By the way, it’s a very pleasant 61-degrees Outdoors (only 16-degrees Centigrade or Celsius). Very nice after all the rain.
Got up at 8:00 a.m., got dressed, and I’m ready to start my day…First stop, the Cathedral around the corner…The Cathedral of Our Lady (1352-1521) here in Antwerpen.
Some simple notes of this place…It was only 6 Euros to get in. The Cathedral is a very holy place…noted for being one of the best in Europe for its historical ambiance. It is a UNESCO World Heritage Site, a Roman Catholic cathedral, started in the year 1352…wow. That’s old!
The Cathedral of Our Lady contains a number of significant works of art by the Baroque painter Peter Paul Rubens as well as paintings by artists Otto van Veen, Jacob de Backend, and Marten de Vos. The church also features significant architectural details, such as the spire which measures 12 meters. It is the highest church tower in the Holy Roman Empire.
Napoleon compared the spire to “Mechln lace,” the best known Flemish lace. It is fine and transparent and looks its best when worn over another color, think velvet. Deep and rich colors can be found here in the tapestries.
Some of the other history of these fine works of art are that these pieces were confiscated by Napoleon and moved to France, then later returned in the 19th century.
More facts to get an idea of the size of this place.
2,400 people can be in this church at once.
In principle the Cathedral can hold 25,000 people
128 windows and 55 are stained glass
There are 57 permanent altars.
The organ has 90 registers and 5,770 pipes.
Incredible to say the least…all expressions to Mother Mary for her love and sorrow. This cathedral is also an active Parish (a place of worship).
I did light a candle for all my friends…past and present…who help me and believe in me. All this light and stone tells many stories.
It is Saturday and I been seeing a lot of people dressed for wedding celebrations, especially around the Cathedral. My favorite one this morning was when I saw this gentleman deliver his bride to the church in a bike basket…it was really touching and romantic. Sweet.
I will write more later, but right now I am going to look for the Botanische tuin. I think that they have the gardens that I need for inspiration for the Belgium part of my future coloring book. PEACE.
I can hear the thunder rumbling off in the distance in the dark gray overcast skies…awaiting another summer rain here in Antwerp…
I found the gardens after going too far…I had to turn around. But, all in all, it was worth the walk in this city. A kind woman on the street helped me out; I’m sure I must have looked puzzled. I was having trouble reading the map (since all the legends were written in Flemish. I was not being able to find the street signs on the map to figure out where I was. Some of these old cities in Europe have very confusing streets that wind around. Not to mention that I can’t even pronounce them.
Being here in the stunningly beautiful city of Antwerp reminds me of all those foreign films I’ve watched; now I’m living in one. I took a lot of pictures of flowers to illustrate (at a later date) along with their names.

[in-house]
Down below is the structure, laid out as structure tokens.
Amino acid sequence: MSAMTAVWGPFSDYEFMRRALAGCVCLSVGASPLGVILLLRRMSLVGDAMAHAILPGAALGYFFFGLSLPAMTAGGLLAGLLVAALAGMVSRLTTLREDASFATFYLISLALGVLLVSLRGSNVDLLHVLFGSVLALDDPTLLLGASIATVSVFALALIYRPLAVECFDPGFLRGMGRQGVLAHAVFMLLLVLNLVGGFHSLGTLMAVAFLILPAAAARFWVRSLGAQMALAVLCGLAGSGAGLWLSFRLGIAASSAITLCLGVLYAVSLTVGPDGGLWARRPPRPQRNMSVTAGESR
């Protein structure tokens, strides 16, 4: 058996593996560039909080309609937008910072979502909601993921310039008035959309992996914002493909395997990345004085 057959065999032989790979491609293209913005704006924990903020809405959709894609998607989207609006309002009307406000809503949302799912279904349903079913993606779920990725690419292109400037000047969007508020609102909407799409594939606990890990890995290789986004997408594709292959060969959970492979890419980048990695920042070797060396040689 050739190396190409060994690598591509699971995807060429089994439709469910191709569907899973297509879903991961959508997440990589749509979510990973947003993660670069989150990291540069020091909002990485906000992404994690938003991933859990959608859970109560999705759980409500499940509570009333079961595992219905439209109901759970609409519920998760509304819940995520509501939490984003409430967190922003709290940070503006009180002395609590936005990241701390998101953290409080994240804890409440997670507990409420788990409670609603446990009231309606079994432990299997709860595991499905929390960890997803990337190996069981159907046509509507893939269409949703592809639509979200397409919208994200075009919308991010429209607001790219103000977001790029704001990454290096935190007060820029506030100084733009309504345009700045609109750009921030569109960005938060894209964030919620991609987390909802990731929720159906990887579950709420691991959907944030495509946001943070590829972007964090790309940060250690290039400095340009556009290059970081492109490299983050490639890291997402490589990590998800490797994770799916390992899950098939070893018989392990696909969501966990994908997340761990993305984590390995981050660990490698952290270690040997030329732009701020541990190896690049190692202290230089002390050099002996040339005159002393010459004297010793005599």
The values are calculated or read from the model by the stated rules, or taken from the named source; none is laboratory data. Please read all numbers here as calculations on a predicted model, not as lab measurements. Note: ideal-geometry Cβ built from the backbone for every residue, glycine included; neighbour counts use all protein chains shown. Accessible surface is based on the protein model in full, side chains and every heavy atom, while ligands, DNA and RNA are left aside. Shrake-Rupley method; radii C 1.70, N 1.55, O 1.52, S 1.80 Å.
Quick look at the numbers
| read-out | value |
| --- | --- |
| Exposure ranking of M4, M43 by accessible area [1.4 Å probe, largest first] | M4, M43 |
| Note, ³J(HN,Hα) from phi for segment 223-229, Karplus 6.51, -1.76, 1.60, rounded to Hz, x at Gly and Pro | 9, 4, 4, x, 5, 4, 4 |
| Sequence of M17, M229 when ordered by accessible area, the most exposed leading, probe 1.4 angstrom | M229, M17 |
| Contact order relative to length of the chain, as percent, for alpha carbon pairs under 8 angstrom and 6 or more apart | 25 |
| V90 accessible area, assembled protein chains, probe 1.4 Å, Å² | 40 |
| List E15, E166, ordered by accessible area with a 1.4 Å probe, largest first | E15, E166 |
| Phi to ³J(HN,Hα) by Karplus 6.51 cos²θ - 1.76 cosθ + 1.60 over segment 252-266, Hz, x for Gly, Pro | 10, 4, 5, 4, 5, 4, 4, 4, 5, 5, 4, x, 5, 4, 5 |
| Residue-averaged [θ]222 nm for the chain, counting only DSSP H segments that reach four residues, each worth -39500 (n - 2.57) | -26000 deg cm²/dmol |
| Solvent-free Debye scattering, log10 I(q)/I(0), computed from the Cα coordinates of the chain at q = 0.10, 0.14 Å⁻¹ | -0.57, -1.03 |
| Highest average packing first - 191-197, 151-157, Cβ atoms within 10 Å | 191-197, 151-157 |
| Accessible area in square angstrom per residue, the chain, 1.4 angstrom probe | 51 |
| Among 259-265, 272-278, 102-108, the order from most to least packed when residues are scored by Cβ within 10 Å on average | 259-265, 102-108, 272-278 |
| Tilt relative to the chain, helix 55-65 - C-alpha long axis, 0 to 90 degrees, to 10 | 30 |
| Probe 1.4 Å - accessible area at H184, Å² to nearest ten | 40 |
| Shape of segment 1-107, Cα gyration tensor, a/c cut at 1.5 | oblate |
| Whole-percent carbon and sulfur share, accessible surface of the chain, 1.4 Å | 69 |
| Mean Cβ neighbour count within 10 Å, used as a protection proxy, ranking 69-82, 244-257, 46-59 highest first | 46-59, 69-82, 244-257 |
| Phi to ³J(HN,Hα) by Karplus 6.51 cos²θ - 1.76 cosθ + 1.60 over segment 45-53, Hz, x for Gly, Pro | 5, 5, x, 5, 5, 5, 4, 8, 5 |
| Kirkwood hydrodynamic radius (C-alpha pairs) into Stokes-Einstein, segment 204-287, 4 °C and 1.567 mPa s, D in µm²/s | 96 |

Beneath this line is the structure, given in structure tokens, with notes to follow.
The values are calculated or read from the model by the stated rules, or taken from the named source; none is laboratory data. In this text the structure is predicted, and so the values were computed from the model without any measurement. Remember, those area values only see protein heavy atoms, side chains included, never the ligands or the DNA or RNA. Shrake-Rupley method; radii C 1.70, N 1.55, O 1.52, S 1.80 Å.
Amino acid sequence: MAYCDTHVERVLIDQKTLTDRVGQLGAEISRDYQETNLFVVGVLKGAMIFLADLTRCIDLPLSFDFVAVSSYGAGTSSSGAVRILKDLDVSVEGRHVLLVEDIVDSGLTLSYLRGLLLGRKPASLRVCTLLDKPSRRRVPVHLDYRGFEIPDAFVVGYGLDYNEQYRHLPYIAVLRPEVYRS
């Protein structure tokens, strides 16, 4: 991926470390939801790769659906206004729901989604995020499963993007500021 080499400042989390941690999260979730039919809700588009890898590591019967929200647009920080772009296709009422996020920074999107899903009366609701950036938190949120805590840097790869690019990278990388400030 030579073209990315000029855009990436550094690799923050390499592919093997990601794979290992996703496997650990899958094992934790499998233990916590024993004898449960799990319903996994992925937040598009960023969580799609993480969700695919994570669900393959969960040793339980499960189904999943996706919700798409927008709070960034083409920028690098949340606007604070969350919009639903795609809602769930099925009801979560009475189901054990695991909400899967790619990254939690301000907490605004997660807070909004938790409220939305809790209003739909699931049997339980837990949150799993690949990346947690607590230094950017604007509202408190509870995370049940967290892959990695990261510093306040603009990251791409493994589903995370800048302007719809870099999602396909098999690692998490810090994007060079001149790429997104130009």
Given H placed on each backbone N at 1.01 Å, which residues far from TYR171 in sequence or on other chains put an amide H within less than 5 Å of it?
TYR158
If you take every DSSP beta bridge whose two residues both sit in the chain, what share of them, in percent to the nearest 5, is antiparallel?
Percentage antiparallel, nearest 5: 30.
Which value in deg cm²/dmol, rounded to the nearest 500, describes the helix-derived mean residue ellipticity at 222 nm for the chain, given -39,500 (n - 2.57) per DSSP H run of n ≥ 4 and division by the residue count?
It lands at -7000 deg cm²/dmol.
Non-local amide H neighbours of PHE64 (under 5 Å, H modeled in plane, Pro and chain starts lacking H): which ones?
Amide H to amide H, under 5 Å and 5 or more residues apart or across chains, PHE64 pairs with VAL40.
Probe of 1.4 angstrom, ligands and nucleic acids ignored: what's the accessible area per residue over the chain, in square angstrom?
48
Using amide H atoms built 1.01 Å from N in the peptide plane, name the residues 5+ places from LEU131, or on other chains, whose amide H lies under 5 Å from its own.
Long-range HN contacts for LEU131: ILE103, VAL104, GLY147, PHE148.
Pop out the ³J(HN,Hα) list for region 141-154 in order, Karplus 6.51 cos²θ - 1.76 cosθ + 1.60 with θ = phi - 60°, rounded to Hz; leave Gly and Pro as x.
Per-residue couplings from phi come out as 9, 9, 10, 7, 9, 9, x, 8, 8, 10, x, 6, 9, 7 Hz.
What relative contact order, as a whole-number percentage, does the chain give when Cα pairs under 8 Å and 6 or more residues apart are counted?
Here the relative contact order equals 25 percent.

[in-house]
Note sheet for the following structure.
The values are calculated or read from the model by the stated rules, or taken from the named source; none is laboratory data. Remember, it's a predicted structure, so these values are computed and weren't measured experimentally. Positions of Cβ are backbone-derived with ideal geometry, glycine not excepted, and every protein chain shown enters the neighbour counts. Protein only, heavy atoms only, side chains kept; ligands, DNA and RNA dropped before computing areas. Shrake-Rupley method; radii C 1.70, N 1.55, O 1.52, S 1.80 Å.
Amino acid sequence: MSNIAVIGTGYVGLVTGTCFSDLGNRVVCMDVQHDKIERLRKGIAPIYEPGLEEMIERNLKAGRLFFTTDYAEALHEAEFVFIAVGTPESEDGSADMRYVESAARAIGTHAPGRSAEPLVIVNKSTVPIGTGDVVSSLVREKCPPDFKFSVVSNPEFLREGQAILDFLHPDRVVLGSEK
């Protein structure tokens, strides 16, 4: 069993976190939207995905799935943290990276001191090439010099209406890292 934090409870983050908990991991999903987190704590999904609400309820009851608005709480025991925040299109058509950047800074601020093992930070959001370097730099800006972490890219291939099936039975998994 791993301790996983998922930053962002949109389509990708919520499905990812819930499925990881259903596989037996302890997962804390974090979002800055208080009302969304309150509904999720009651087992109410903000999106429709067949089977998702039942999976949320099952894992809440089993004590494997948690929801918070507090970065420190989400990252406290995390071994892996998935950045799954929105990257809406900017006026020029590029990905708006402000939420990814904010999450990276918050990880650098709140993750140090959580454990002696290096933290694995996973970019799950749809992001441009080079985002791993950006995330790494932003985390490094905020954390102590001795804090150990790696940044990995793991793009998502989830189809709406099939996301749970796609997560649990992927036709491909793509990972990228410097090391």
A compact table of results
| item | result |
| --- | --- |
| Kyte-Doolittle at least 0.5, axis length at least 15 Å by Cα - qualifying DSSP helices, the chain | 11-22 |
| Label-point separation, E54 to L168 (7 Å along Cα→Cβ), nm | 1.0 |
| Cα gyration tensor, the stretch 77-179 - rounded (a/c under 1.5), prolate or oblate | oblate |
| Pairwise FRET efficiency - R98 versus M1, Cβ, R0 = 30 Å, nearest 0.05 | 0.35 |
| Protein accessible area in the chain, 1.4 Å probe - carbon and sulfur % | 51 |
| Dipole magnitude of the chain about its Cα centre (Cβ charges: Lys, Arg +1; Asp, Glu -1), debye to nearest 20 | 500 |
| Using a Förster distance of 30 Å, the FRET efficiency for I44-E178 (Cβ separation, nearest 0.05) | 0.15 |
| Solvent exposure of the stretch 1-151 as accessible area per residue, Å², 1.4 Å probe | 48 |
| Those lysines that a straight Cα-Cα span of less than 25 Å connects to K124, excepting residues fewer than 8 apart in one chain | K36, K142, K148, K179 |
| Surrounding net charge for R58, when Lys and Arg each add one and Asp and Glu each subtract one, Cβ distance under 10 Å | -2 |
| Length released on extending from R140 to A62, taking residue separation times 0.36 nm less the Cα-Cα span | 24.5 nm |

Afterwards I stopped by a store called K2, named after the second highest mountain in the world (Mount Everest is the tallest) near the border of China and Pakistan. K2 is an outdoor store that is probably equivalent to REI back in the United States. This is the first outdoor sports store I have found since being here. I bought a headband to keep the hair out of my face when I walk. Red is the color this week for the Belgium soccer team, playing in the Europe UEFA EURO 2016 games. Soccer is VERY big here…like our football playoff games. Actually, it’s more like our Super Bowl. It’s a really big deal!
I walked back towards the church and picked up a salad to eat for a late lunch, early dinner. I sat under a tree and simply enjoyed just watching the Saturday crowd. Next to me was a Visitor’s Center so I stepped in to see what I might be missing in thus great town. I picked up some postcards to send back home. Fashion is big here…the look of really incredible sophistication…I did see a older woman, probably in her late 70s, wearing a very high heel red shoe…she looked incredible, maintaining her balance with such grace and style.
I rested afterwards to charge my phone then went out again. Then the sky opened up and a downpour drenched me, again. That seems to happen a lot on this trip through northern Europe in early summer. It makes me wonder if there might be a better time to do this tour next time. I stopped at a few places but felt like a undecided voter.
I made my way back to a cafe and got a glass of French wine. I was eavesdropping on a conversation at the table next to me and the waitress informed me that it has been the wettest June in 200 years. All these years are rounded up by the 100’s…which brings a big grin to my face.
I miss my family.
I am feeling wet and cold…surprise, surprise…and I think I may need to retire for the evening soon.
Sometimes I feel so tired by the time I get to this blog it’s no wonder I may seem a little messed up. Thanks for bearing with me.
At the hostel in Antwerp I met this lovely young lady from England (we shared a room) Her name is “Sam” for Samartha. She was a delight and a happy adventurer on a journey of fun. Her boyfriend was teaching English in Thailand.
We have been in the same hostels three times…Rotterdam she didn’t care for…I liked the city and its WWII history. The city of design…she said she would follow my blog and I told her to check out Iris’ “Iris in Indonesia” blog on WordPress.com because it is written so well.